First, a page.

Sunday 12 and Monday 13 March 2023 – We had nothing to do until the early evening. So, having had some relaxation time at Villas Alturas and needing to fill the yawning void between breakfast and sunset, what to do? We went for a walk. Obviously.
El Remanso (“The Haven”) Lodge is set in many acres of rainforest, and there are several trails one can choose to walk, only a couple of which are restricted such that you need a guide to walk them. The obvious one leads to the beach. So, off we went, along a well-manicured track
which led to some steps down, at which point we realised that the route back up was going to be a bit of a challenge.
Over the whole two-and-a-quarter hours we really didn’t see much in the way of wildlife. Had we had a guide, I suspect we’d have seen more. A butterfly obligingly posed for me
but otherwise we got to the beach without noticing anything further. They’ve kindly marked the point where the trail hits the beach so you can’t get lost
and we walked along the beach trying to find interesting things to photograph. Frankly, we didn’t have a whole lot of success – its just this beach, you know? There were some hermit crabs
and a coconut shell appeared to be surprised to see us.
The powers that be at El Remanso are keen to point out that at high tide there is no beach, but that as the tide goes down some tidal pools become visible, so we went and fossicked about there for a while
and did the sort of things that one does if there’s not a lot to see.
Having fairly swiftly exhausted the entertainment possibilities, we retraced our footsteps. There was a branch that looked amusingly like something that Long John Silver might have left there
and some Frigate Birds flew over for me to photograph – I think one of them was being chased by the others. Frigate Birds are unpleasant like that.
The climb back up the track to the Lodge was, indeed, challenging – some 420 steps in oppressive heat and humidity. But we made it in the end, which made the lunchtime beer a very welcome thing indeed.
El Remanso also has some hanging bridges
so we spent a little time pottering about on the track that connected them, and then it was time for the scheduled activity of the day; a night walk. This was led by Alejandra,
a guide we’d met and chatted to during the day, who rather charmingly took off with us as soon as we turned up, leaving the other guide to deal with a group of about six people.
As is the way with these guided tours, Alejandra, whose great knowledge and enthusiasm made the tour very interesting, showed us many, many things we wouldn’t have seen had we been by ourselves. To spare you a litany of torchlit photos of insects and amphibians, I have squirreled the photos away on Flickr for you to look through if you’re interested. I will inflict a couple of highlights on you, though.
Alejandra found us a Fer-de-lance, the most poisonous snake in Costa Rica
and a Bicoloured Scorpion
which looks amazing under ultraviolet light.
We watched as an Anole Lizard gradually changed colour under the torchlight
and there were, of course, frogs, both small and large.
That was it for the day. We were due another guided tour the following day, which was a whole morning jobbie, so we took ourselves off to bed and tried for some sleep.
To start with, that bullfrog got together with his mates and they had a singing competition, very starkly (alongside games of Marco fucking Polo) underlining one of the downsides of having no glass in the windows.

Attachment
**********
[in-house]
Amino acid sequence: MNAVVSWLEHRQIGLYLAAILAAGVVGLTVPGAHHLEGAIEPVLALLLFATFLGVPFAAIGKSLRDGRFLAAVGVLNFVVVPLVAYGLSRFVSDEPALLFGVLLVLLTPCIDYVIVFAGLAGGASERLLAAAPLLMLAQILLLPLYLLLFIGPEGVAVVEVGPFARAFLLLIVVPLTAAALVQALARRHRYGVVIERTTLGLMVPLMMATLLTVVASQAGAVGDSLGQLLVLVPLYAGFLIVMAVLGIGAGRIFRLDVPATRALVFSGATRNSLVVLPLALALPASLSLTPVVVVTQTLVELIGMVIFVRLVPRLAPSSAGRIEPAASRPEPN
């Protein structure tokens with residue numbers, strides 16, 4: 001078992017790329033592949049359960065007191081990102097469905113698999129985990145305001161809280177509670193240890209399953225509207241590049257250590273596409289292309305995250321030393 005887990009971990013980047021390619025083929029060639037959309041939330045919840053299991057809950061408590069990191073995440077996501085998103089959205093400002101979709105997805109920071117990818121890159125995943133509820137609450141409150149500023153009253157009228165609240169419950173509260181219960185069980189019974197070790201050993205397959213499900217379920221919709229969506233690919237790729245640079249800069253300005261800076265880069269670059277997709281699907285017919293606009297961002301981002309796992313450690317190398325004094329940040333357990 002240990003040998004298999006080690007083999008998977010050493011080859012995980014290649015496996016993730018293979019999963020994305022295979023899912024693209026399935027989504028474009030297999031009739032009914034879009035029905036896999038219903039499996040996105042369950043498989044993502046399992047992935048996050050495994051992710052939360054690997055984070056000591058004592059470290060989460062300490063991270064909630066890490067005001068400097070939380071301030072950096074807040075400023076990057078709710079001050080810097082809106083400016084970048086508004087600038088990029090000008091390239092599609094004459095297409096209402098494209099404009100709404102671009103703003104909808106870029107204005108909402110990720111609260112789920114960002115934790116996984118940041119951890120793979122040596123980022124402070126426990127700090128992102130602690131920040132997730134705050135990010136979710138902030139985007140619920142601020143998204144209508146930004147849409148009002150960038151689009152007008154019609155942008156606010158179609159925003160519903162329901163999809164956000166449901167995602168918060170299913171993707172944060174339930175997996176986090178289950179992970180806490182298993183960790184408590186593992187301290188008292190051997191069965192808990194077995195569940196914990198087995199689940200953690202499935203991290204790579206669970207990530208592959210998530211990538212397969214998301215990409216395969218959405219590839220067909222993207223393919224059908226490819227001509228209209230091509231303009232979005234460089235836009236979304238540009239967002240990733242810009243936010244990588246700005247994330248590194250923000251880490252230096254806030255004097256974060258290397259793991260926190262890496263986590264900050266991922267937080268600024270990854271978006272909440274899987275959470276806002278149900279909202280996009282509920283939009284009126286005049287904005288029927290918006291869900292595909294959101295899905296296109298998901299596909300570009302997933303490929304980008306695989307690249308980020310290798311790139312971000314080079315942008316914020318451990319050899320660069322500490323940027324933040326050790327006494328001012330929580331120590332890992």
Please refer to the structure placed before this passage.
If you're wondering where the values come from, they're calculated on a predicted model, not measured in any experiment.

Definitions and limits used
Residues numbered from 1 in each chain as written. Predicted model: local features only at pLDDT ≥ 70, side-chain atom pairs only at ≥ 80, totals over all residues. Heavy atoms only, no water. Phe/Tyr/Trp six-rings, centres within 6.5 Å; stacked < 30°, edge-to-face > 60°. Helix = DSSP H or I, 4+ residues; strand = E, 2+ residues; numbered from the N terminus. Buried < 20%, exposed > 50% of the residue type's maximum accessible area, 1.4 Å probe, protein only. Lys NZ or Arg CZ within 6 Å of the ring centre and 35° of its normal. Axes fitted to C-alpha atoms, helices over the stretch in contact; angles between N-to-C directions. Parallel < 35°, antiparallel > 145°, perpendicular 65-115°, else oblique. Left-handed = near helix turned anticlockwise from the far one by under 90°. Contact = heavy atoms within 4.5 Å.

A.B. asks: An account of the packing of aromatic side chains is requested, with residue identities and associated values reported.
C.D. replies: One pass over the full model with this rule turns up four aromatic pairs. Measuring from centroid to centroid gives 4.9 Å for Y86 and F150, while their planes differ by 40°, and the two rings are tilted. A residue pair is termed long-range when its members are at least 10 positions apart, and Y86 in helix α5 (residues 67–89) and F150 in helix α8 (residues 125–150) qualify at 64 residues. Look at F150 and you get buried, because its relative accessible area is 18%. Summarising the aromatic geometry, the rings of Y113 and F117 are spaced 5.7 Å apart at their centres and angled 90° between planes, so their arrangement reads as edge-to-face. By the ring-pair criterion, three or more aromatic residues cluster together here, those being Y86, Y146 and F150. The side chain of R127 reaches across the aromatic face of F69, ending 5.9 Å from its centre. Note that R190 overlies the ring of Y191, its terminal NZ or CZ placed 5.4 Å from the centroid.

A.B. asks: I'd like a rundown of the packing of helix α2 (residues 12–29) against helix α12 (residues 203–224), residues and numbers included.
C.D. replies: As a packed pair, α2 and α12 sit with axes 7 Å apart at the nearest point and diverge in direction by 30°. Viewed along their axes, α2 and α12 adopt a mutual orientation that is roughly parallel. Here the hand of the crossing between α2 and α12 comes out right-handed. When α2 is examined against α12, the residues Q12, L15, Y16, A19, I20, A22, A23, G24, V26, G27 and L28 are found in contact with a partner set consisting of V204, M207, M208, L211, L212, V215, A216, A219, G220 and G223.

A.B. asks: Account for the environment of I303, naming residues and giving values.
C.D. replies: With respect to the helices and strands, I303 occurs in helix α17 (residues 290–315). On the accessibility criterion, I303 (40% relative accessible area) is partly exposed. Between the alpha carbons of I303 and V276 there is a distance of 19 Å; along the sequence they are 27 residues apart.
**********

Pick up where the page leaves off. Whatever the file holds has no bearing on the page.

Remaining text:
I think they knew something that we didn’t at the time, because at around midnight it started raining, with optional lightning and thunder. The noise was terrific; and when it rains in Costa Rica, it can really, really mean business, and do so for many hours, e.g. in this case until 6am, when I captured this video.
We were convinced that this would mean the cancellation of the morning walk, but it didn’t – and apart from the forest trail being a little muddy in places, there was very little evidence that there had been a seven-hour deluge recently.
Our luck held and our guide, this time for a small group of six of us, was, once again, the lovely Alejandra. As before, she was able to spot things that we wouldn’t have known to look for. As before, to spare you having to scroll through endless photos of what we saw, I have put them in another Flickr album for you to look at if you’d like.
Some highlights: an Osa Anole Lizard, showing off, or possibly telling a rival to bugger off;
another Anole Lizard – Costa Rica’s answer to the chameleon – showing the sophistication of the camouflage it can adopt (the one we saw last night was bright green because of the leaf it was on);
a termite tunnel going all the way up a tree;
and a spat between spider monkeys, which we couldn’t see but could certainly hear,
all rather morosely surveyed by a howler monkey.
We even caught a glimpse of an anteater, but it was just a cream-coloured blur as it caught wind of us and shot off into the forest.
When we got back from the tour, we were lucky enough to see a couple of Scarlet Macaws. We heard them first, of course – they’re noisy critters. I managed to get this photo
and Jane rushed out to get a different angle.
This being our last day, we thought it would be a good idea to check up on the arrangements for transfer to our next destination, since we’re in a rather inaccessible spot and we knew that part of it involved catching a boat. So we asked at the font desk and….
We have to be picked up at 0420 tomorrow!!!
The ongoing story from here is a bit complicated and involves us going Off Grid for a couple of days, hence the rather hasty write-up of the twenty-four hours’ touring within the two days we’ve been here at El Remanso. I hope you feel you’re nicely up-to-date and that you can contain your souls in patience until the next update, when All Will Be Revealed.